“Just know that Lyme disease is in the community right now. I think people need to be aware of the bull’s eye rash that comes along with it,” said Moore.

Moore said recently one person came to the Same Day Care Clinic with a bull’s eye rash and bloodwork confirmed it was a case of Lyme disease.

“It is treatable with an antibiotic,” said Moore, “but it’s better to treat it early. Some people wait years to be diagnosed.”

Lyme disease is transferred to humans bitten by the parasitic black-legged deer ticks that are infected with a bacterium called Borrelia burgdorferi. Common symptoms of Lyme disease include headache, fever, fatigue and skin rash, according to the Ohio Department of Health, and if not treated, can spread into the joints, heart, and nervous system.

And while deer are a preferred host for the ticks to feed on, the Ohio Department of Health said the black-legged ticks acquire the Lyme disease bacteria from rodents, like mice, and not from the deer. The Ohio Department of Natural Resources Division of Wildlife has also issued a statement about ticks and says Lyme disease cannot be spread by consuming venison.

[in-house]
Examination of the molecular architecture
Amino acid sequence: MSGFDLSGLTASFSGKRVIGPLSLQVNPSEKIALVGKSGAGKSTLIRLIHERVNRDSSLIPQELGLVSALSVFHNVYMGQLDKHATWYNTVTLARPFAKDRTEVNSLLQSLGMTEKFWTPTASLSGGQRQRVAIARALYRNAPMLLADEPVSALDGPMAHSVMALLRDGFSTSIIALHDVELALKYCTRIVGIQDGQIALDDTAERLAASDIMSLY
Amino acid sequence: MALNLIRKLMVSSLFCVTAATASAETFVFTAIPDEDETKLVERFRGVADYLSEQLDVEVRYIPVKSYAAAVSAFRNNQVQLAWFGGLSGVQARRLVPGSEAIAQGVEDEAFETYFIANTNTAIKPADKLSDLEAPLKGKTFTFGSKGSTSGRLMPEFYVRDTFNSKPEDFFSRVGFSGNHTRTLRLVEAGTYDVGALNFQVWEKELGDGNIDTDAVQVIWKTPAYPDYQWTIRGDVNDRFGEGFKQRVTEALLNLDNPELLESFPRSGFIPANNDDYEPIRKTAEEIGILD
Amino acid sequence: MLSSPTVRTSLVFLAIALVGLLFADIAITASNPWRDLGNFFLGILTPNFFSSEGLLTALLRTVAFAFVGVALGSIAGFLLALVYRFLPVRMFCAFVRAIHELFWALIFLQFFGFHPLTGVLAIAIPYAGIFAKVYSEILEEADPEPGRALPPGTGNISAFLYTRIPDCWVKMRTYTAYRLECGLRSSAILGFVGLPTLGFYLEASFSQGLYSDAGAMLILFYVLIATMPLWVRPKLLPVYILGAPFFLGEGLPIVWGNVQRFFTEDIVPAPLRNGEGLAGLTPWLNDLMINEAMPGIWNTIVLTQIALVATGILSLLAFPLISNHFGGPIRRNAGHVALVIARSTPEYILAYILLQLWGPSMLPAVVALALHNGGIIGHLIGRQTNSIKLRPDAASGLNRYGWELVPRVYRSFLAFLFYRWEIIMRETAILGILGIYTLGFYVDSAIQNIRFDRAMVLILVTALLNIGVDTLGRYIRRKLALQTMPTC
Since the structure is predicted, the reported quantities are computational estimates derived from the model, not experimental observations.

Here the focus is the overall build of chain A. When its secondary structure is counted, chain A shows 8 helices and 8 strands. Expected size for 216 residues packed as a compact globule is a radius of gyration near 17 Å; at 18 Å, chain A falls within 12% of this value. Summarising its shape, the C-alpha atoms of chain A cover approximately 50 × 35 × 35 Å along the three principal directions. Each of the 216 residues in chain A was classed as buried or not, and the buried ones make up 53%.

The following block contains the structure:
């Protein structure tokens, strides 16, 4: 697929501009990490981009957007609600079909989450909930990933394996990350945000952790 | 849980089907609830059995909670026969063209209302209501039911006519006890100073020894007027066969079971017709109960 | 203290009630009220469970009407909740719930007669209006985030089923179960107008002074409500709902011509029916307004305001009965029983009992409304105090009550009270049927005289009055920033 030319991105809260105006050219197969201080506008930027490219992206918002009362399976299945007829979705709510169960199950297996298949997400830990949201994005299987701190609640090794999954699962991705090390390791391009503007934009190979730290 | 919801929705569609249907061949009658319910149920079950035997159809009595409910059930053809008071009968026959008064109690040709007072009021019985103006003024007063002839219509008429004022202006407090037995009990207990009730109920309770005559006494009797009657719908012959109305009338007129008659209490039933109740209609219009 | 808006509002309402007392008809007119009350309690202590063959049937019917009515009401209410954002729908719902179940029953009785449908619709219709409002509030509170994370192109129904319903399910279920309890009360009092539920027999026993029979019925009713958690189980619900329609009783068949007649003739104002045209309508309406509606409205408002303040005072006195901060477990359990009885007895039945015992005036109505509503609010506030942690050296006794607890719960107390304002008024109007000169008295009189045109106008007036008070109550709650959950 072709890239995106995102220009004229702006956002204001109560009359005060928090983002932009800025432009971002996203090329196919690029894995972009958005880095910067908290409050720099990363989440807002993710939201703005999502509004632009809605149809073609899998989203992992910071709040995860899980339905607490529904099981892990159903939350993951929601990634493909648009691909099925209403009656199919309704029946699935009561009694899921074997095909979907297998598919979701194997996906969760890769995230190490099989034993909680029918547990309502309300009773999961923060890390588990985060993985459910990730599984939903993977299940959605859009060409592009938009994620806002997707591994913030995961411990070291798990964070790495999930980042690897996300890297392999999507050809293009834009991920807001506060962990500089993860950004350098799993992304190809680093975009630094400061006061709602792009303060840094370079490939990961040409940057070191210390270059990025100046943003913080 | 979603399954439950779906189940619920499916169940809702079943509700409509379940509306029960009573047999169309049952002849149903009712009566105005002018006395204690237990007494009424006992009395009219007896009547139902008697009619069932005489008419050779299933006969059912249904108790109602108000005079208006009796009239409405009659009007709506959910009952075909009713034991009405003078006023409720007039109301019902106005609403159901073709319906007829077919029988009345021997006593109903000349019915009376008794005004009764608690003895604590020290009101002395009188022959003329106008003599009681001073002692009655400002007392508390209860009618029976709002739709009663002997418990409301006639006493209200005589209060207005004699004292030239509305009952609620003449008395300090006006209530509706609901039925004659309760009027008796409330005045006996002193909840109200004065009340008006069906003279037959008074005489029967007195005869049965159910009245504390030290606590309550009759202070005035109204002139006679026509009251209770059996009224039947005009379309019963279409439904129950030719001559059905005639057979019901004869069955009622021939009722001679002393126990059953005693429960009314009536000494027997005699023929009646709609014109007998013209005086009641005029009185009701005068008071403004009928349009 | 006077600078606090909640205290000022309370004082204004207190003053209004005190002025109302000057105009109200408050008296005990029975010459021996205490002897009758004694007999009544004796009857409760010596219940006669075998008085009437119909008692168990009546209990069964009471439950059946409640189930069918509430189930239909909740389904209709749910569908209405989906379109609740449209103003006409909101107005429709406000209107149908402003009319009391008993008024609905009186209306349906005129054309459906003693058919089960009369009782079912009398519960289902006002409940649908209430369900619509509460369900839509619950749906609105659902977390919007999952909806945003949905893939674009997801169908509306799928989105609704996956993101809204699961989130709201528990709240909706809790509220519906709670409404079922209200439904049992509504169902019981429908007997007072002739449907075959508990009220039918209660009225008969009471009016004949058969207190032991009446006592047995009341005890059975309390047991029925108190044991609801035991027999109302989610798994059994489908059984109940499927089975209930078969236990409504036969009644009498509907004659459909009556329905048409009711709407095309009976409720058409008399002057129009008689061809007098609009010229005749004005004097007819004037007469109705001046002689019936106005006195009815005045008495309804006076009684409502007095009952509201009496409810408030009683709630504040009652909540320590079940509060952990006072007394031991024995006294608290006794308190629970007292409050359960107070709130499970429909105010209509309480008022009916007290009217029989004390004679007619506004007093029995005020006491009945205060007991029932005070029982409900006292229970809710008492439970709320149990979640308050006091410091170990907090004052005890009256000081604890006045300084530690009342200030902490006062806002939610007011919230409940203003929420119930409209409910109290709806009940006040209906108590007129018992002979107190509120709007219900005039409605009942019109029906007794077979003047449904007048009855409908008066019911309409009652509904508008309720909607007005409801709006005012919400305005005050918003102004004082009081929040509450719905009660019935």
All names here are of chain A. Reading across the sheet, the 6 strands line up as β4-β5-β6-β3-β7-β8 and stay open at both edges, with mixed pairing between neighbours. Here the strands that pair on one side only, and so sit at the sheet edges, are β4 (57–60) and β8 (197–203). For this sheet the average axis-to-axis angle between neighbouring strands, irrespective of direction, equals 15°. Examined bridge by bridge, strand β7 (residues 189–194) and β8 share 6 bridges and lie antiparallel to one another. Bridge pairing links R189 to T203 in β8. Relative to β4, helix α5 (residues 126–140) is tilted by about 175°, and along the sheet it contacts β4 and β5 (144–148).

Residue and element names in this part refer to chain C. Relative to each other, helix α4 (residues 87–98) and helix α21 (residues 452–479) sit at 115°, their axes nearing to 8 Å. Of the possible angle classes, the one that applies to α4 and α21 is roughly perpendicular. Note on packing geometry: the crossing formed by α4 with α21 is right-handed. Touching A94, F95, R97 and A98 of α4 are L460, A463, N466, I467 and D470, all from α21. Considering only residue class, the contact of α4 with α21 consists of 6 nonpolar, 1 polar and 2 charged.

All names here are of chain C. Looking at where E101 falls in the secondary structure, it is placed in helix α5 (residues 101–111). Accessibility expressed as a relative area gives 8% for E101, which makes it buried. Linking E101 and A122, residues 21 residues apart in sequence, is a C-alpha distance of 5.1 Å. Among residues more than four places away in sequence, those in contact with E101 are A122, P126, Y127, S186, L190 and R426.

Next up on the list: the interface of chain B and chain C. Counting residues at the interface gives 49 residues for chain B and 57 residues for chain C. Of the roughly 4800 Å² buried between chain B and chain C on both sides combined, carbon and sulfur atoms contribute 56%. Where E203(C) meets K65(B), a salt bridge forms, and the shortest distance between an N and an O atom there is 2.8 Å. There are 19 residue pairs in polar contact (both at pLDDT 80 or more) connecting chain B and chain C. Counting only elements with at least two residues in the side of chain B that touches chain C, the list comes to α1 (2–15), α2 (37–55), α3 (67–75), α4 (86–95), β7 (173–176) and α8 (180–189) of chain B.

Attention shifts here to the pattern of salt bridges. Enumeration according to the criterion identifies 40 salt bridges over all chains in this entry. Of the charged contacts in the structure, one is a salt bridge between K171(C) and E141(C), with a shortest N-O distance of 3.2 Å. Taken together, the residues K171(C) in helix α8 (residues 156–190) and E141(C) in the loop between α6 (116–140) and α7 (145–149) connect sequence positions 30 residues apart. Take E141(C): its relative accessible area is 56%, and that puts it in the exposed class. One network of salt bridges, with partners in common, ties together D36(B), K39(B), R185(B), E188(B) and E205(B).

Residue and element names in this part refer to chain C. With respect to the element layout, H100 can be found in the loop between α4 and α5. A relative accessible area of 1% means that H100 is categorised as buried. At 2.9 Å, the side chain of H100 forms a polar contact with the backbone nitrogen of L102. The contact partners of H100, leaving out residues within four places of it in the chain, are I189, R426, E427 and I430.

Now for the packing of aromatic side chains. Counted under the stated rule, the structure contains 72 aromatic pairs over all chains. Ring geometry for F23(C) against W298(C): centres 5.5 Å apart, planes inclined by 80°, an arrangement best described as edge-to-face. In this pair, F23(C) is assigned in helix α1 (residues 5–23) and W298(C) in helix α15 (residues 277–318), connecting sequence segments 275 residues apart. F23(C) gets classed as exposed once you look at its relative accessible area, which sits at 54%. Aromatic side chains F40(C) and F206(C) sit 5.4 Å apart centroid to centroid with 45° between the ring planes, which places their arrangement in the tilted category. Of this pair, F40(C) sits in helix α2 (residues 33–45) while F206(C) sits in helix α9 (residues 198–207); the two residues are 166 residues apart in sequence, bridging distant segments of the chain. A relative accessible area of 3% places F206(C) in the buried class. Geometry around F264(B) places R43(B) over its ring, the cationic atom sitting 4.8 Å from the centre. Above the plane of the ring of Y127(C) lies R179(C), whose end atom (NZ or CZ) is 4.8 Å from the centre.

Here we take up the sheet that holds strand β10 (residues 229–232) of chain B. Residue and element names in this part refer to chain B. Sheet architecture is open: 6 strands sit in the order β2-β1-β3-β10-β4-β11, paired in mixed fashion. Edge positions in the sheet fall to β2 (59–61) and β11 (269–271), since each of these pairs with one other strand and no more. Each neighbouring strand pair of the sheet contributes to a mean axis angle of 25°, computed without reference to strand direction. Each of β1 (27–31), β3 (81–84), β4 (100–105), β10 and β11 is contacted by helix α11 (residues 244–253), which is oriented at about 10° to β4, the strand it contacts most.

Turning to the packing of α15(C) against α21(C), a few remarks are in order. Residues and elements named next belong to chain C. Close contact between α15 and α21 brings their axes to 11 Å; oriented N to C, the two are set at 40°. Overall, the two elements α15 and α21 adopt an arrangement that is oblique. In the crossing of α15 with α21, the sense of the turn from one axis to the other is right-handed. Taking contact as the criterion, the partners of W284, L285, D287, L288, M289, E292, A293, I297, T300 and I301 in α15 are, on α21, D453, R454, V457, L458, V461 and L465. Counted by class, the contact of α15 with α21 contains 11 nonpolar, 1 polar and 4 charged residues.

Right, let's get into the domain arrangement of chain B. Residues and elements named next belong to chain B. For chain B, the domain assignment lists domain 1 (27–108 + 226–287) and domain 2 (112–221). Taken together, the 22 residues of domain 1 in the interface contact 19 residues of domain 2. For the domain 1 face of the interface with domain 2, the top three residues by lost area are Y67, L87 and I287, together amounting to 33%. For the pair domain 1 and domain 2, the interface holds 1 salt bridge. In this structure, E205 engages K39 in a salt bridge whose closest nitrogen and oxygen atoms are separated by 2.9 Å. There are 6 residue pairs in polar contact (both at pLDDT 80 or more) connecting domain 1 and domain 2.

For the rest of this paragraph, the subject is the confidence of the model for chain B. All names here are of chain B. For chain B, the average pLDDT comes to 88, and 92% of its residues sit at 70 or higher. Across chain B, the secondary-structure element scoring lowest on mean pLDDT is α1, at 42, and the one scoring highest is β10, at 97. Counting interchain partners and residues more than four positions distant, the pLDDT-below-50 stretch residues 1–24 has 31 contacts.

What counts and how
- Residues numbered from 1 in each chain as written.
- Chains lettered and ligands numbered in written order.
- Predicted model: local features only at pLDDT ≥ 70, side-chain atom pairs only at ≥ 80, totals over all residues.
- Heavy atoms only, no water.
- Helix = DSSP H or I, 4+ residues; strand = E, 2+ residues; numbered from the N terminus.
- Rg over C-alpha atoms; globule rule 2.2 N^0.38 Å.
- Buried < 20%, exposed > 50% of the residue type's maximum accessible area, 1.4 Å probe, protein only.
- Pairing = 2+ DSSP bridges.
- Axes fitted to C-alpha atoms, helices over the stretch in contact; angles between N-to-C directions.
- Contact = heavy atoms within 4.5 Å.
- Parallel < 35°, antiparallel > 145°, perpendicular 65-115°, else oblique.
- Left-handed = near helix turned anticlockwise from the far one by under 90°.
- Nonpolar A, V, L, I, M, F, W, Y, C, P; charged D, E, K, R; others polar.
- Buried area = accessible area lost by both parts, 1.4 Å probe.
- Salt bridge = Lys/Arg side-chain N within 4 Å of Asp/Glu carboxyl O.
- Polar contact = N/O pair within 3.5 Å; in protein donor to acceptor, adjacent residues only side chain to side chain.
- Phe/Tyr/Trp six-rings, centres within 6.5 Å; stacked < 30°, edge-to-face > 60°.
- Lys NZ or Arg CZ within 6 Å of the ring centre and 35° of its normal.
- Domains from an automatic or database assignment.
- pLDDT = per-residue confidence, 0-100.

As the deer tick population increases across Ohio, the number of Lyme diseases cases in the state rises. Deer ticks have now spread to 60 of Ohio’s 88 counties.

In 2016 there were 160 reported cases of Lyme disease in Ohio, a number that grew by 200 percent when compared to just 43 cases reported in 2006.

The Ohio Department of Health reports there have been 14 confirmed cases of Lyme Disease in Ohio as of May 25, 2017.

To prevent becoming infected with Lyme and other diseases carried by ticks, the Ohio Department of Health recommends walking in the center of trails, using insect repellents approved by the Environmental Protection Agency, showering within two hours being exposed to areas where ticks are prevalent, and checking household pets when they come inside, too.

Deer tick adults and nymphs will be active throughout the summer, according to the ODNR Division of Wildlife.

Clista Moore